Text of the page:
India is an exemplar par excellence of power sharing and political accommodation in a multi-ethnic, multireligious society. In a country where 80 per cent of the people are Hindus, at one point the heads of government, state and army were a Sikh, Muslim and Sikh respectively; and the real power behind the throne was an Italian-born Catholic widow. Diversity and pluralism have no better champion. At the official White House banquet hosted by U.S. President Barack Obama for India’s Prime Minister Manmohan Singh – a Sikh – on Nov, 24, 2009, a glittering new dimension of Indian soft power was in evidence with the presence of many Indian and Indian-American women from the political, business, literary, cultural and educational worlds.

Sikhs make up under 2 per cent of India’s population, so two Sikhs in Mr. Modi’s cabinet is a better reflection of India’s diversity than four in Mr. Trudeau’s is of Canada’s demographic makeup. In fact the Congress Party, not Mr. Modi, needs a reckoning on Sikhs. After Indira Gandhi’s assassination by Sikh bodyguards in 1984, 3,000 Sikhs were slaughtered in a pogrom often orchestrated by senior Congress leaders, including more than 2,000 killed in the nation’s capital. One of the extraordinary features of modern Indian history is how Mr. Modi was demonized internationally for his alleged role in the anti-Muslim riots of 2002 in Gujarat but the Congress Party escaped global odium for its role in the worse atrocities of 1984. It is hard to see how there can be closure for the victims’ families until such time as there is criminal accountability for those events.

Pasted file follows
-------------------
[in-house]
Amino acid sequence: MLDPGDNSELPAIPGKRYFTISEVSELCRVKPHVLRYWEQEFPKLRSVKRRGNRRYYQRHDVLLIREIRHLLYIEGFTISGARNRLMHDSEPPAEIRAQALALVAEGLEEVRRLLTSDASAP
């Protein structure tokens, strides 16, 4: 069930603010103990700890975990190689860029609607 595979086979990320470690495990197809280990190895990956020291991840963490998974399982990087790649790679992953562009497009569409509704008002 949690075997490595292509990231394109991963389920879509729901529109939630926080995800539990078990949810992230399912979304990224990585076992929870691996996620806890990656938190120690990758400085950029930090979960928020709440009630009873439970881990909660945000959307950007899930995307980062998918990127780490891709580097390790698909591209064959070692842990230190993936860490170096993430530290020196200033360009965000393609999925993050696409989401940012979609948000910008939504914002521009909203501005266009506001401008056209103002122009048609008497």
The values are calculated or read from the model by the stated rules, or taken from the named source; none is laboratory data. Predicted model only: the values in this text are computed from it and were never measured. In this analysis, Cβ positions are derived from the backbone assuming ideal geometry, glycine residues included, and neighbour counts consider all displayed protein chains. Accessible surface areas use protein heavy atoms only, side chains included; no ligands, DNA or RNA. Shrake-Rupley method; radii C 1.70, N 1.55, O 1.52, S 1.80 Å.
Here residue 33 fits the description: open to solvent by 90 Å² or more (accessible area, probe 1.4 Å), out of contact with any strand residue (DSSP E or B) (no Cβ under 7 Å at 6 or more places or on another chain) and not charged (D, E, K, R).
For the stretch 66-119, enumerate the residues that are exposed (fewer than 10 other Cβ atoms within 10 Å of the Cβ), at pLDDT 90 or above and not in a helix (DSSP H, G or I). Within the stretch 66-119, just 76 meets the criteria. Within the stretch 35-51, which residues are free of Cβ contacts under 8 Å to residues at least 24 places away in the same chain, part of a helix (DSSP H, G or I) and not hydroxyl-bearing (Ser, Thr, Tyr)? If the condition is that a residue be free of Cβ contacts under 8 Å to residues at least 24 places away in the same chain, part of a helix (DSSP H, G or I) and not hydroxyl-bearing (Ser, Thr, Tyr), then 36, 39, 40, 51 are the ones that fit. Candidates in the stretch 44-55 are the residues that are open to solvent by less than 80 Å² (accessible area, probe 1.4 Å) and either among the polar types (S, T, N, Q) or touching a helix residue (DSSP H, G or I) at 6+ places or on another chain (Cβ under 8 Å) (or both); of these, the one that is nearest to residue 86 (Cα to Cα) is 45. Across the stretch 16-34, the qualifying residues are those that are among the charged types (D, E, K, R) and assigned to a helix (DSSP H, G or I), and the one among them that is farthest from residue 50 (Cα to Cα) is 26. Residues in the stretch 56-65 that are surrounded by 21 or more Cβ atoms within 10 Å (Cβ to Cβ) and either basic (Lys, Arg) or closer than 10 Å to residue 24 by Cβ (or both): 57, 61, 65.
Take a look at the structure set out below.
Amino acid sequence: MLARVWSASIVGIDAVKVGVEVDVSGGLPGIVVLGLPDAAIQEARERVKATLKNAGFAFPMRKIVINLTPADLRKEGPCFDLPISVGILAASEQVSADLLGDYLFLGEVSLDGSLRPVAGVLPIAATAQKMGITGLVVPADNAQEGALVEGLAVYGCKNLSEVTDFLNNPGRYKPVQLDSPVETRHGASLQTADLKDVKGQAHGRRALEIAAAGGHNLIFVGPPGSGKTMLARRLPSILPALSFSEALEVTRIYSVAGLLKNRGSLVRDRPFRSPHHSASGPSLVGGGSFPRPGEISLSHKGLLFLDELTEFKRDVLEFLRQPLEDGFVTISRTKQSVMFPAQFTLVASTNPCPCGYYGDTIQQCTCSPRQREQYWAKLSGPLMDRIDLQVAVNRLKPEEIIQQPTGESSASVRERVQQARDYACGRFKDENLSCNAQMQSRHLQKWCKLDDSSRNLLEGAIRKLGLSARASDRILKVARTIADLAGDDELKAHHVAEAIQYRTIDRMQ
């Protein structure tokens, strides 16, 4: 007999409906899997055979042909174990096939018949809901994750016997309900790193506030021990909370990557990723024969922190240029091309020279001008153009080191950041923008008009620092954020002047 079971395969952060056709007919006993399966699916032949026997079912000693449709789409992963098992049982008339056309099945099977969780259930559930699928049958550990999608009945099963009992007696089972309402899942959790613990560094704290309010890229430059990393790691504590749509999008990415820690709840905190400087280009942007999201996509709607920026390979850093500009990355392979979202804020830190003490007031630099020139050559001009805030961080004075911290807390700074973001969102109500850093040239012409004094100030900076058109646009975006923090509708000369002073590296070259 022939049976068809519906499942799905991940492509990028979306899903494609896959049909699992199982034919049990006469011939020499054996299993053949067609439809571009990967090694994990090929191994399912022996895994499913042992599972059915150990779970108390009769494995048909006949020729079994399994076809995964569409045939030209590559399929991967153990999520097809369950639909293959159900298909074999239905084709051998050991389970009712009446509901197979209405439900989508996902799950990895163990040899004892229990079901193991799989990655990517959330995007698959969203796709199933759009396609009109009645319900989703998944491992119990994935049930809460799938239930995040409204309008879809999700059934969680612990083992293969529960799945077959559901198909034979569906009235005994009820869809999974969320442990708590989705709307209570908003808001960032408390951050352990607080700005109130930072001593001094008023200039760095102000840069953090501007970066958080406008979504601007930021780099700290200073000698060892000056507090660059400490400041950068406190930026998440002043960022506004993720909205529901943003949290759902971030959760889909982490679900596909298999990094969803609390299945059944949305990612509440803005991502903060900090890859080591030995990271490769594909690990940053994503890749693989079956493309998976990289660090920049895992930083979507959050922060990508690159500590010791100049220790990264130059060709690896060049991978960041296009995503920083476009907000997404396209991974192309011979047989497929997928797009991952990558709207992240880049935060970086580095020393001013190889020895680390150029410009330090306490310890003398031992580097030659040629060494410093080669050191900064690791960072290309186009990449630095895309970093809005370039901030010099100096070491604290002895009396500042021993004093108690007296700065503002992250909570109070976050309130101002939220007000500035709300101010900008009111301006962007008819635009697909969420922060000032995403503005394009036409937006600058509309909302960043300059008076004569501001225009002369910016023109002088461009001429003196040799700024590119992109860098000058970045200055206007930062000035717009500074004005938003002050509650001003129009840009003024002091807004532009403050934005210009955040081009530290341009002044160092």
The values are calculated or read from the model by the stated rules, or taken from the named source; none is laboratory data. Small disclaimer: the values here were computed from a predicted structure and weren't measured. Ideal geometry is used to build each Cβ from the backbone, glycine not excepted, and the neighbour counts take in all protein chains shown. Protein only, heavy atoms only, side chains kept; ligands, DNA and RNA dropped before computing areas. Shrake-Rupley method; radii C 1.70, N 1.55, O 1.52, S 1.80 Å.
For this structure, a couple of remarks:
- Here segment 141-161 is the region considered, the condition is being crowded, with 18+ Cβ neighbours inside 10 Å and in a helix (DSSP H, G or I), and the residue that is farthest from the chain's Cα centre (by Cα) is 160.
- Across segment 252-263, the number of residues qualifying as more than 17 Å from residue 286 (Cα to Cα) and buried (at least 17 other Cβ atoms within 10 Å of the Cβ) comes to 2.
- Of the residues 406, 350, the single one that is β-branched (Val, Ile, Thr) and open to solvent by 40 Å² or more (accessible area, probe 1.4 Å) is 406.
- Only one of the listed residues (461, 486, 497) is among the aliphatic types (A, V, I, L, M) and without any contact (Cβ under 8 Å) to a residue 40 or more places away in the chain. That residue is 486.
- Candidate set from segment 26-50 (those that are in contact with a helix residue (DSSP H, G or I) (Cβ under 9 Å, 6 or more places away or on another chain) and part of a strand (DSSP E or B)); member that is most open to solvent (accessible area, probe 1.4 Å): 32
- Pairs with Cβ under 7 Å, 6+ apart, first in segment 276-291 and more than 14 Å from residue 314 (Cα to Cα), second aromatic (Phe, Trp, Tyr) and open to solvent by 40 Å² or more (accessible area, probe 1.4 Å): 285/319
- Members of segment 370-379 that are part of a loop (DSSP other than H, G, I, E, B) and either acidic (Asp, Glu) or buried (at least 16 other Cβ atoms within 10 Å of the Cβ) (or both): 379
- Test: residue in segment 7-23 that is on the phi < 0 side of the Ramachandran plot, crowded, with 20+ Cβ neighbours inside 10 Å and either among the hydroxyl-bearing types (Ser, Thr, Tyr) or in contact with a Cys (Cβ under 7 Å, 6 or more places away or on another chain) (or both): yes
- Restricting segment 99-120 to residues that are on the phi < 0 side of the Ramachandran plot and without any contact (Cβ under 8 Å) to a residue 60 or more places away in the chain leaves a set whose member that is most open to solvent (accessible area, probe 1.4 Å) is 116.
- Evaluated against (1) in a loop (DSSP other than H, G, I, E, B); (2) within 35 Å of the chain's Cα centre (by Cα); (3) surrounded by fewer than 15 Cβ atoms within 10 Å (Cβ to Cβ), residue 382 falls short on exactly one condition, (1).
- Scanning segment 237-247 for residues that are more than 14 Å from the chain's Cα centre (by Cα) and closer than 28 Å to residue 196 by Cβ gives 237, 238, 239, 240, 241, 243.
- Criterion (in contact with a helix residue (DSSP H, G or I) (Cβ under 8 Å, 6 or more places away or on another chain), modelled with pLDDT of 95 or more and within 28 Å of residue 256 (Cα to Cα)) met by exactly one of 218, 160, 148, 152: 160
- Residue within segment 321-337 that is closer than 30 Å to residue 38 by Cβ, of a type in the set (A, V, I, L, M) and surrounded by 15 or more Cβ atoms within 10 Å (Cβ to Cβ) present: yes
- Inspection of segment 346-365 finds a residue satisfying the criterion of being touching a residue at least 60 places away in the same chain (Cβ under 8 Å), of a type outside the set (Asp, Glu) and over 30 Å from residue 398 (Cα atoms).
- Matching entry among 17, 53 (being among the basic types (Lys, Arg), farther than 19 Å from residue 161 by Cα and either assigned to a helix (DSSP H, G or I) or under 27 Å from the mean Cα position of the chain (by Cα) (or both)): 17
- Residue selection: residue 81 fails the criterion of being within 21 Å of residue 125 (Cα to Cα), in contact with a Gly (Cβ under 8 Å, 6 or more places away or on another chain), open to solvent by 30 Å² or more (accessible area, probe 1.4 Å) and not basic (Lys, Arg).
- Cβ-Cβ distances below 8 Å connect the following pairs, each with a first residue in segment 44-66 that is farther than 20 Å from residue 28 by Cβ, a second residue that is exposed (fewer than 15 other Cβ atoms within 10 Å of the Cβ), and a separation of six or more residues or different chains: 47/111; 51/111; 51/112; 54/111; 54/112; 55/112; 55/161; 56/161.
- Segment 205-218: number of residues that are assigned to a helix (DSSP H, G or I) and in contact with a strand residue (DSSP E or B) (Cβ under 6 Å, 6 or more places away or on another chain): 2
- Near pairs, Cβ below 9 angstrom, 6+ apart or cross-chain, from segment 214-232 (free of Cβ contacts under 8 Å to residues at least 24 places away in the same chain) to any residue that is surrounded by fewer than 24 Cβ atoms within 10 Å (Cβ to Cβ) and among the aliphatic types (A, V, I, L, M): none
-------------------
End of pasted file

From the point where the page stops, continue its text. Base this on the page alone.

Moreover, any mention of Sikhs in the context of Indo-Canadian relations inevitably rakes up ugly memories from three decades ago, when Canada seemed to be home to a large number of separatist Sikh extremists.

On June 23, 1985, Air India flight 182 was blown up over the Irish Sea en route from Montreal to Delhi via London, killing all 329 people on board. Most were Canadian citizens of Indian ancestry. This was the first bombing of a 747 jumbo jet, the deadliest plane bombing, the deadliest attack involving an aircraft until 9/11 in New York and remains the biggest mass murder in Canadian history. The perpetrators are believed to have been Sikh terrorists, although the subsequent trials were less than satisfactory.

All in all, what may have been a lighthearted quip by Mr. Trudeau is fraught with hidden dangers and best avoided in future.

Source: Mr. Trudeau: Don’t be so quick to brag about Sikhs in your cabinet – The Globe and Mail